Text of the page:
News Summary
The 2021-22 recipients of distinguished research awards are Dr. Gerald McMaster, Dr. Alexis Morris and Professor Ilene Sova.
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3 portraits of OCAD U faculty members from left to right, Dr. Gerald McMaster, Dr. Alexis Morris and Professor Ilene Sova.

Midnight Mountain by Rob Nicholls

The enchanted forest is arguably one of the oldest motifs in storytelling. Forests are spaces where anything can happen, characters’ morality and bravery are tested, and adventures unfurl. From the ancient Epic of Gilgamesh, where the heroes travel to the Cedar Forest to battle monsters, to J.R.R. Tolkien’s magical and mysterious Mirkwood to the musical Into the Woods, in which fairy tale characters face peril while learning life lessons, the metaphoric possibilities of stories set within the woods remain a rich ground for artistic exploration.

The same is true in visual art history. Although painting a century and a continent apart, the forests found in works by Jean-Honoré Fragonard (1732 – 1806) and Charles Burchfield (1893 – 1967) share an interest in the transcendental effect forests have upon the human psyche. Toronto-based Rob Nicholls cites both artists when discussing his own otherworldly paintings. “Fragonard’s landscapes are decadent, while Burchfield’s feel as if we’re stepping through a mystical portal, from one place into another,” he says. “The contrast between light and darkness animates their paintings and, with Fragonard especially, every form and shade of colour has been painstakingly thought out and orchestrated to slow down the viewing process.” Growing up on Vancouver Island, Nicholls says, was like “living in a fable,” with its surrounding water, mountains and giant fir and cedar trees. “That visual catalog is imprinted in my memory, as is Queen Elizabeth Park in Vancouver,” he says. “That park reminds me of a Fragonard painting, with caverns and hollows you could get lost in amongst the precisely planned abundant vegetation. I often think of it while I’m painting.” But, unlike a city park, Nicholls’s paintings are not completely pre-planned, though he is meticulous in his approach.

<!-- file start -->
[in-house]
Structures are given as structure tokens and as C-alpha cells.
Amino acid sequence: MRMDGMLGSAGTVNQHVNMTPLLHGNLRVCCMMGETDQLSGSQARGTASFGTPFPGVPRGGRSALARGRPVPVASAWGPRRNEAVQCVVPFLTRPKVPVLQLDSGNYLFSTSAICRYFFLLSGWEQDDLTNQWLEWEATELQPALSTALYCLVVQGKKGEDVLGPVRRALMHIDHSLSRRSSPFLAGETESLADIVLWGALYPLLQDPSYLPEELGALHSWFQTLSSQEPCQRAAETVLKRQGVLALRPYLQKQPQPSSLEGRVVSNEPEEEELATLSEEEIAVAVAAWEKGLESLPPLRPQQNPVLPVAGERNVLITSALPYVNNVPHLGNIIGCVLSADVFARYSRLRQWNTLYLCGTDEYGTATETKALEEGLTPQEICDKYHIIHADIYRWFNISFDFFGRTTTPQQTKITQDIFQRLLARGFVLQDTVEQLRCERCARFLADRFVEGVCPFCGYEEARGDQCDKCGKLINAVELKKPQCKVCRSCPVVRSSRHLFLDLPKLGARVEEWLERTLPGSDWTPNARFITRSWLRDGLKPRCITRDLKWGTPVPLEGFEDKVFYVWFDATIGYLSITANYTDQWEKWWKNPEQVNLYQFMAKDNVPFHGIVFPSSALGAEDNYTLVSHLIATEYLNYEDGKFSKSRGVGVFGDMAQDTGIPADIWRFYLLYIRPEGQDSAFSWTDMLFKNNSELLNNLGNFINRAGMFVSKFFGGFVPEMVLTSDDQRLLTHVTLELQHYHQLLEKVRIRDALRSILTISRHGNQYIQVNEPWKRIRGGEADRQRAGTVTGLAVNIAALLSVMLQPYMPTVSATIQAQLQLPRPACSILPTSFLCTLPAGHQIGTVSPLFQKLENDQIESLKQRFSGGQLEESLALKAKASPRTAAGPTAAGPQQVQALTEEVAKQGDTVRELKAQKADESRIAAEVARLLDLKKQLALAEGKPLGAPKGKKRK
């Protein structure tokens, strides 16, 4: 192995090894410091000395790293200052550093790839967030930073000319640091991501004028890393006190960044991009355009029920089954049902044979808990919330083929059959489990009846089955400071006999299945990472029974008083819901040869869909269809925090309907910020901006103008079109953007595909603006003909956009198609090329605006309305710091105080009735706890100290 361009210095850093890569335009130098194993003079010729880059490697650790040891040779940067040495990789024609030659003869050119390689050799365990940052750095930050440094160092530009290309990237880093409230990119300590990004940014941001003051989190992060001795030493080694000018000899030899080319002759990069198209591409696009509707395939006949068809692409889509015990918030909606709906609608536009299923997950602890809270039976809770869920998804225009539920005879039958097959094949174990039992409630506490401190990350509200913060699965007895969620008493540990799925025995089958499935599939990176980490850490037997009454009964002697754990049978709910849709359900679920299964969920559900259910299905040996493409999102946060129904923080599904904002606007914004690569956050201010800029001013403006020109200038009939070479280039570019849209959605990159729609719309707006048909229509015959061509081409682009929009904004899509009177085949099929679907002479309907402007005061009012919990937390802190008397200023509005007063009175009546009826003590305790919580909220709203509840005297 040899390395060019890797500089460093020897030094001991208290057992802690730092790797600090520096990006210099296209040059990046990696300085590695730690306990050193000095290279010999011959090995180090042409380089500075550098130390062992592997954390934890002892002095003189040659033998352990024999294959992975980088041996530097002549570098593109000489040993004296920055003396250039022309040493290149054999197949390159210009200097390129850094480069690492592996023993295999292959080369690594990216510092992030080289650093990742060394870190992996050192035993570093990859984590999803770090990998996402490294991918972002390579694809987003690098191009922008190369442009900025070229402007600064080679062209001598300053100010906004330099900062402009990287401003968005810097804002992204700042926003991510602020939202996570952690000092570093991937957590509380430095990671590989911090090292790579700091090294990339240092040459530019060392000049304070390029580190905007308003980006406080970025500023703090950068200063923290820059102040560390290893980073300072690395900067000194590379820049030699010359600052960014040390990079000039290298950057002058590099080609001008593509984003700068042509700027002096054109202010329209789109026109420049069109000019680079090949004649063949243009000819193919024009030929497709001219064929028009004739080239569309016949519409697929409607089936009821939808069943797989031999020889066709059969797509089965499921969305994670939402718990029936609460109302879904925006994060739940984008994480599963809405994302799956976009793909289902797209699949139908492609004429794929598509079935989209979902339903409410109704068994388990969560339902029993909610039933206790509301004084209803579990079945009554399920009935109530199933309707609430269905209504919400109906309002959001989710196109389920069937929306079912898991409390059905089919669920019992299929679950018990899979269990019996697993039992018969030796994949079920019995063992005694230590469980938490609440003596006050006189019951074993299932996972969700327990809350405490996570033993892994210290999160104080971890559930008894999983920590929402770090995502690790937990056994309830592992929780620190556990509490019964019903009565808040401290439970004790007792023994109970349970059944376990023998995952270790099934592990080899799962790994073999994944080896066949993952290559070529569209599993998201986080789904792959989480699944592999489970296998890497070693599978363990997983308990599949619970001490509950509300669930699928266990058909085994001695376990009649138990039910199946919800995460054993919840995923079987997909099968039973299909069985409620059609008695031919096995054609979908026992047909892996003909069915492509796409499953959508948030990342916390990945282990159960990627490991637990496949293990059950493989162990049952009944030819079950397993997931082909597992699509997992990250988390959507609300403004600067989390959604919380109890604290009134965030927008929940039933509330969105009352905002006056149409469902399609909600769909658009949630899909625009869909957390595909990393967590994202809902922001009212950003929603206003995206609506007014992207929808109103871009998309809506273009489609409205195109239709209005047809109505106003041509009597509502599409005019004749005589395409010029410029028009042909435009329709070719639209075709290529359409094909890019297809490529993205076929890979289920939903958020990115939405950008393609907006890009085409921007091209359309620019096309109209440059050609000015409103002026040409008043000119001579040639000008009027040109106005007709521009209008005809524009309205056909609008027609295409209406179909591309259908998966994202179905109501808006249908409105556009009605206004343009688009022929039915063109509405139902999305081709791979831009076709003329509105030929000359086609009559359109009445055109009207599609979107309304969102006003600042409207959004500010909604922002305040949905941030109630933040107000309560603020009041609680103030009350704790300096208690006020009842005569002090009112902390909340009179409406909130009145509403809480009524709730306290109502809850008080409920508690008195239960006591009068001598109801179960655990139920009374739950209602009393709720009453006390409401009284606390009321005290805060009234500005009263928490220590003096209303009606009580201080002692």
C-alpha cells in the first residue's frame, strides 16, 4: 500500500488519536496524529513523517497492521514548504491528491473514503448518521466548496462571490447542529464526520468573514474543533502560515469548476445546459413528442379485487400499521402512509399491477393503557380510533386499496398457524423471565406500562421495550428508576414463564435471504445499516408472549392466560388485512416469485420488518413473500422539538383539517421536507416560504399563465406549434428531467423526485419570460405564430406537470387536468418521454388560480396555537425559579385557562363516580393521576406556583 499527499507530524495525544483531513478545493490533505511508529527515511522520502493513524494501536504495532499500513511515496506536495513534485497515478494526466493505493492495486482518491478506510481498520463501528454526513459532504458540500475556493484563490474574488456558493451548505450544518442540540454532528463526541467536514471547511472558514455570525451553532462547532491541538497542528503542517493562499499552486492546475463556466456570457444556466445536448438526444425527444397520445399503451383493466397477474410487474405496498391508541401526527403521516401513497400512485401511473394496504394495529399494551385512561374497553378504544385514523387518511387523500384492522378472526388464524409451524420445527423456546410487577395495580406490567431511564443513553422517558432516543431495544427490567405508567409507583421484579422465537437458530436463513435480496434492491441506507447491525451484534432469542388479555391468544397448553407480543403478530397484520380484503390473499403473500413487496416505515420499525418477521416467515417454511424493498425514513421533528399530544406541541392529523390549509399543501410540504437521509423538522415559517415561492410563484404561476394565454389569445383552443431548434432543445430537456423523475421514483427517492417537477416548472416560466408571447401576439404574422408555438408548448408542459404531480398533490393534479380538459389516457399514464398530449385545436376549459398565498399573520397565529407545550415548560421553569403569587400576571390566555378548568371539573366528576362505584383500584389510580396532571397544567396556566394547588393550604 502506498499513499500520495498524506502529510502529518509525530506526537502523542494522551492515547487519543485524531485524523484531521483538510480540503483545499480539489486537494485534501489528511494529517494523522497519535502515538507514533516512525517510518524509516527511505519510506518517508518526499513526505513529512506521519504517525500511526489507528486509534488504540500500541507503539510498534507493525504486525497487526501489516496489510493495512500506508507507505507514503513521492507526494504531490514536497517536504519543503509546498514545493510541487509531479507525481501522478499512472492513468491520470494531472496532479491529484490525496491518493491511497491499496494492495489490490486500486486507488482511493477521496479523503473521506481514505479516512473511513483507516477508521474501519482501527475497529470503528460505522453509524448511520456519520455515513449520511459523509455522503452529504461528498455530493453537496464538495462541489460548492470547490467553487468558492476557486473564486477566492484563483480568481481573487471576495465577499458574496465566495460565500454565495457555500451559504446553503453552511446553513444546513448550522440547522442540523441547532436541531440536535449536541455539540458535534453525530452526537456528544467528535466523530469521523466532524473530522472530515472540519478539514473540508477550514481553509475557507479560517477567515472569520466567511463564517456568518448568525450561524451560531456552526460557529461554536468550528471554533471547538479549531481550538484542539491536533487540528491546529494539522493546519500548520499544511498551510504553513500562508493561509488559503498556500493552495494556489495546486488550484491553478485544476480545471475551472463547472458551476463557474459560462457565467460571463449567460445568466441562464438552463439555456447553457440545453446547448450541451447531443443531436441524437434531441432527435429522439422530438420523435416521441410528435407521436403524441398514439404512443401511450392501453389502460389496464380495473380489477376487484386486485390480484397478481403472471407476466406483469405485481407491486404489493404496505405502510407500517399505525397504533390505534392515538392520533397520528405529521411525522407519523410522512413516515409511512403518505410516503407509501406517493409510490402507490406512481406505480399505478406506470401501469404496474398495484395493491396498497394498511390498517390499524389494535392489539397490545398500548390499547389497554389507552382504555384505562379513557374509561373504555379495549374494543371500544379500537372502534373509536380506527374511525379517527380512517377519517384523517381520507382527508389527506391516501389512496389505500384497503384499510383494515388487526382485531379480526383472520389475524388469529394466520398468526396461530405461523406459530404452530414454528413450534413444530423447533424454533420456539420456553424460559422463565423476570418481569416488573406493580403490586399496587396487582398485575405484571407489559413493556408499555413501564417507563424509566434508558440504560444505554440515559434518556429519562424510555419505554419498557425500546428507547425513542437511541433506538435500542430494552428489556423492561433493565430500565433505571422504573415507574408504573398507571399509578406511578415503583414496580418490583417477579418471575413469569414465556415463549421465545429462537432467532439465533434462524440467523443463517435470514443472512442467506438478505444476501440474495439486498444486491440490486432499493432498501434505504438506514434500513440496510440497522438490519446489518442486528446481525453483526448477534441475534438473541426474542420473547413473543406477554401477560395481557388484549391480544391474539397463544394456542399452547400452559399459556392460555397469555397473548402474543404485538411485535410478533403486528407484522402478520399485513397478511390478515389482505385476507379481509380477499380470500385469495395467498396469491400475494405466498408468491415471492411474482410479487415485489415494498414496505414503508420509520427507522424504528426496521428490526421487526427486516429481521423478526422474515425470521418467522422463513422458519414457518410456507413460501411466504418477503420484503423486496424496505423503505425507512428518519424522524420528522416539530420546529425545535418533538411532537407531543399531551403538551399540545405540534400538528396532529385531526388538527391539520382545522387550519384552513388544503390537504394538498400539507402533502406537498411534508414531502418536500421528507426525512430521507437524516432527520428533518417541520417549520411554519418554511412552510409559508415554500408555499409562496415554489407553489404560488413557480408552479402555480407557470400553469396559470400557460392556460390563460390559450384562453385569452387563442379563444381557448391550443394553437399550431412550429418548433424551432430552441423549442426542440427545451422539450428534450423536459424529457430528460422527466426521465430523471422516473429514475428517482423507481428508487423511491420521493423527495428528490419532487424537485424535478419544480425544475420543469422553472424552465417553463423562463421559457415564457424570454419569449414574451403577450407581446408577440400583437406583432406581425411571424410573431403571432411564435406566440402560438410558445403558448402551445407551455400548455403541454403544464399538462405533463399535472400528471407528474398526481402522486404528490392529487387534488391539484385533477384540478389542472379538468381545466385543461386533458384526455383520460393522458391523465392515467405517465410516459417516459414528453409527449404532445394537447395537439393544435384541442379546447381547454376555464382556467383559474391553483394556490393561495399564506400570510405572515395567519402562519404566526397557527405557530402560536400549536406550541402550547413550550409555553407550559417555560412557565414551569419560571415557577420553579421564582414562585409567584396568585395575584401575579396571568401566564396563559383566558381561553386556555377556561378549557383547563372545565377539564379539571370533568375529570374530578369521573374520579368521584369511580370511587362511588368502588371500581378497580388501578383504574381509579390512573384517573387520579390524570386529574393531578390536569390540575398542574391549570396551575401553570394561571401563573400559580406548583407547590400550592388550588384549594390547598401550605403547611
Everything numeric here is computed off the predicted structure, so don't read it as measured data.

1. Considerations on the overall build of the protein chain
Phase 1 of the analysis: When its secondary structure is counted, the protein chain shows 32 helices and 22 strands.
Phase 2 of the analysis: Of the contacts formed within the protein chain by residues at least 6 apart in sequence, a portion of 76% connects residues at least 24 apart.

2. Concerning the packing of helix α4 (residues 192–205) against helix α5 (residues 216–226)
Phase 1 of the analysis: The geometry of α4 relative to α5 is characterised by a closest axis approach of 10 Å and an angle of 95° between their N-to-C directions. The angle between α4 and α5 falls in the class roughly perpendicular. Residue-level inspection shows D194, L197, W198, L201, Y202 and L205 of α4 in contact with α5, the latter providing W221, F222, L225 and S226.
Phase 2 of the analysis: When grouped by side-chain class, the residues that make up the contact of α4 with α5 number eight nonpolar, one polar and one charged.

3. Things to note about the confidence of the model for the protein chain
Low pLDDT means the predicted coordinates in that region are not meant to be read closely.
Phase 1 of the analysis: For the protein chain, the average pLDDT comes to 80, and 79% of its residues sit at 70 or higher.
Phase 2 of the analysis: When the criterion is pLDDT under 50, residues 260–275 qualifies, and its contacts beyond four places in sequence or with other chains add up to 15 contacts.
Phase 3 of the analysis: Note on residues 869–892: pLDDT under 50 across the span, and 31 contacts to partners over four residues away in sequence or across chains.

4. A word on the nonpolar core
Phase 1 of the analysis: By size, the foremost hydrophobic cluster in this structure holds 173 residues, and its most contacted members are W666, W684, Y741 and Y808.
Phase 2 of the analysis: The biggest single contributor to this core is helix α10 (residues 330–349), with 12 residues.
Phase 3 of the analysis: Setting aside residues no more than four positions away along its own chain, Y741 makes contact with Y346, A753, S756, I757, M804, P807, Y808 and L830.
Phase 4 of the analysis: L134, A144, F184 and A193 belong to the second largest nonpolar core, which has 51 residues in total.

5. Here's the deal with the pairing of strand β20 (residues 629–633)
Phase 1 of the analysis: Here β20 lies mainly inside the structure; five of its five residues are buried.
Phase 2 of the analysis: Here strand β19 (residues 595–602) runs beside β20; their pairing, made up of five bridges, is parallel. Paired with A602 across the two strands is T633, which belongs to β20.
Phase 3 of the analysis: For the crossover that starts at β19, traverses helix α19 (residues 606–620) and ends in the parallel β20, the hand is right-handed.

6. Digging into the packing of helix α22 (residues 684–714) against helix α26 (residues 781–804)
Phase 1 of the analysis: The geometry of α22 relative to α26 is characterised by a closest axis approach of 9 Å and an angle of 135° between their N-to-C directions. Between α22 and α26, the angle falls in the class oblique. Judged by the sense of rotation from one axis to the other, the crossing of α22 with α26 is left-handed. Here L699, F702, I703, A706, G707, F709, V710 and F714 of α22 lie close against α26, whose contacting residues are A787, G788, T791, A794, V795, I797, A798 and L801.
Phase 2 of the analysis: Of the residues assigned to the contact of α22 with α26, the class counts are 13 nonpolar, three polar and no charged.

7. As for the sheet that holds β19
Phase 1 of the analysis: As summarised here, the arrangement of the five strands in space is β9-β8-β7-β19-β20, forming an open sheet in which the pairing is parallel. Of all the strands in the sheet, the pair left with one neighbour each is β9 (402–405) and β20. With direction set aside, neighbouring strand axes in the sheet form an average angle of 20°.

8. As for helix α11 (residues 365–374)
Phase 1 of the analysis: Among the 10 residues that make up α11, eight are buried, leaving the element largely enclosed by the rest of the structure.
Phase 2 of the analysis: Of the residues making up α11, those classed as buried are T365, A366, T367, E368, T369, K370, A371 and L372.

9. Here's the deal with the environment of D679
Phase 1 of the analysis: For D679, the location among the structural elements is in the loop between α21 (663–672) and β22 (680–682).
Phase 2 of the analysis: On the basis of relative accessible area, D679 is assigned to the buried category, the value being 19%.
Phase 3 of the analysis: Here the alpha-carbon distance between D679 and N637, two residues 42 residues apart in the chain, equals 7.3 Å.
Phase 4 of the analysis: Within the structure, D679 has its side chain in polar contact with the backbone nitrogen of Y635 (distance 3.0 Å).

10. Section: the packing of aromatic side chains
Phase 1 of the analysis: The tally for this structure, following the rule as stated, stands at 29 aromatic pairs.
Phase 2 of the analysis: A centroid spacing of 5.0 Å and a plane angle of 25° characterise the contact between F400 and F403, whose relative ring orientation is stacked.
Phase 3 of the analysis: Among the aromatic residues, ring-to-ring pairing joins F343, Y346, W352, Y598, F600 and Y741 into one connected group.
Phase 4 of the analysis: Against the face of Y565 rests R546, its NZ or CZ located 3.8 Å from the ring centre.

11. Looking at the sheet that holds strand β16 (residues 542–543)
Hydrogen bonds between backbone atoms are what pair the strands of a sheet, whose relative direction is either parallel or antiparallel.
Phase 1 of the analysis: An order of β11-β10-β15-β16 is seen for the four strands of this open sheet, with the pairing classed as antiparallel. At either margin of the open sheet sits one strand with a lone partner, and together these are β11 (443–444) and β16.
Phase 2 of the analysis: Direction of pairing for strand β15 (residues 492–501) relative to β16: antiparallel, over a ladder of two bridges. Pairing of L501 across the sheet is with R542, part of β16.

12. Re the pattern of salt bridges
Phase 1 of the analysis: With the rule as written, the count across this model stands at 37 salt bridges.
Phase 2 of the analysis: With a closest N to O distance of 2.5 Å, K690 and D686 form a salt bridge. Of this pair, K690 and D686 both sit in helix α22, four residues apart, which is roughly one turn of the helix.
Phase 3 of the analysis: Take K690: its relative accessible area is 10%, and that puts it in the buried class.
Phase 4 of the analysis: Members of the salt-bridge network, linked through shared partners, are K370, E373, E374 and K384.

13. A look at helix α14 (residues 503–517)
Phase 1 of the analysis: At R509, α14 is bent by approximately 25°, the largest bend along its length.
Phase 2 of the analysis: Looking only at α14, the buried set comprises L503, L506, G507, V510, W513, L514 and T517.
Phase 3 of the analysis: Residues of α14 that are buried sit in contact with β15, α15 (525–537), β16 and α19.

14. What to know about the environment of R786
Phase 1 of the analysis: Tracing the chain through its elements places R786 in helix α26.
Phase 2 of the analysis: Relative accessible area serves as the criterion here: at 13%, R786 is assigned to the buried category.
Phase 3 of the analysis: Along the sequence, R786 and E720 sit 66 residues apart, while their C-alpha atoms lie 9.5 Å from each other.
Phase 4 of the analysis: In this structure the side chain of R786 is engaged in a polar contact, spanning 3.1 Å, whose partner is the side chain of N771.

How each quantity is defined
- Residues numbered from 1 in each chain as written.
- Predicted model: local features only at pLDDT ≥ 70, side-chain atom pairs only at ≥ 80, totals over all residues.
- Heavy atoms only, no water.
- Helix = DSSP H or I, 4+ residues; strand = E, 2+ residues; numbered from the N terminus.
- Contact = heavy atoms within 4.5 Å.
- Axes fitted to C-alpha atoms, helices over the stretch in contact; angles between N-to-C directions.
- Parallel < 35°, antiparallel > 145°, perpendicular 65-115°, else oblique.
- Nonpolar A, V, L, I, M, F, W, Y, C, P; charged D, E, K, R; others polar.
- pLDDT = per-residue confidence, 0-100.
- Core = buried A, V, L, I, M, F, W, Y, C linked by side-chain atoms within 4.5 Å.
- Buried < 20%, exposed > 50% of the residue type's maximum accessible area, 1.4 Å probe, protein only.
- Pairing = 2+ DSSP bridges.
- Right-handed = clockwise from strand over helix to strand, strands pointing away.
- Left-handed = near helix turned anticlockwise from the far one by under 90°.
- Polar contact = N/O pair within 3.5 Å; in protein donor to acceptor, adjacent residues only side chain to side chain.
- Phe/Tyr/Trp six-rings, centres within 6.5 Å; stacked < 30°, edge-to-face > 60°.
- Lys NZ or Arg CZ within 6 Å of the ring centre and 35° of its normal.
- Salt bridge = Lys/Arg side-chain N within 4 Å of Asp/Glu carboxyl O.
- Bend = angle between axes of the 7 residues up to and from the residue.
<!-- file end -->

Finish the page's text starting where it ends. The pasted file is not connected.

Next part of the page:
Nicholl’s prepares the painting surface with layers of gesso until, he says, it is as smooth as the hood of car. During this priming stage, he may develop ideas for a colour palette, and overall composition and mood, but he allows his paintings to progress intuitively. “It’s like puzzle pieces falling into place,” he says. “A cave here, a glimpse of a river through the foliage there, a waterfall, a volcanic pool… it’s rewarding to watch elements come together and to be surprised by the image as I’m making it.” Despite their flat surfaces, Nicholls’s paintings convey a sense of trompe l’oeil-like relief through exacting brushwork – he sees each stroke as ‘a ray of light’ – and a keen sense of perspective; their shimmering gem-like quality coming from the semi-transparent oil paint reflecting the light hitting the painted surface back at the viewer.

As well as painting, Nicholls composes subtly percolating ambient music in the vein of Steve Reich and Harold Budd under the name Provincial Parcs. Nicholls’ music is repetitively mediative (like his brushstrokes and painting process), so it’s surprising to learn about his youthful love of heavy metal. “I was a fan of the Much Music Power Hour back in the day,” he says. “The aesthetics of 1990s metal – album cover images of dark landscapes populated by fantastical plants and creatures – is another point of departure for my paintings.” Like a heavy metal song, Nicholls’s paintings lure us into a world where magic, mystery and menace await.

Essay by Bill Clarke - September 2022
Director Mark Zadorozny

Venue & Address
Mark Christopher Gallery
100 Symes Road

Midnight Mountain by Rob Nicholls

Opening: September 16, 7 pm to 10 pm
Friday, September 16 - Friday, September 30
Hours: Monday to Sunday from 11 am to 6 pm

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Midnight Mountain - Rob Nicholls

Image: Photo from Canadian Art Magazine by Christopher Dew.

OCAD U mourns the passing of Cathy Daley

Notable Canadian artist, beloved mentor and OCAD University Professor Emerita Cathy Daley passed away on March 2.   

In a message sent to the community on March 7, Stephen Foster, Dean of the Faculty of Art, extended his sincere condolences to Daley’s family and friends, and to all those in the community who had the pleasure of learning from her.  

“During her time at OCAD U, Cathy Daley was a tireless contributor to the Drawing and Painting program. In 1989, she created one of the earliest versions of our course, Issues of Representation. She was a sought-after instructor for her expertise in figuration, expression and experimentation,” wrote Dean Foster.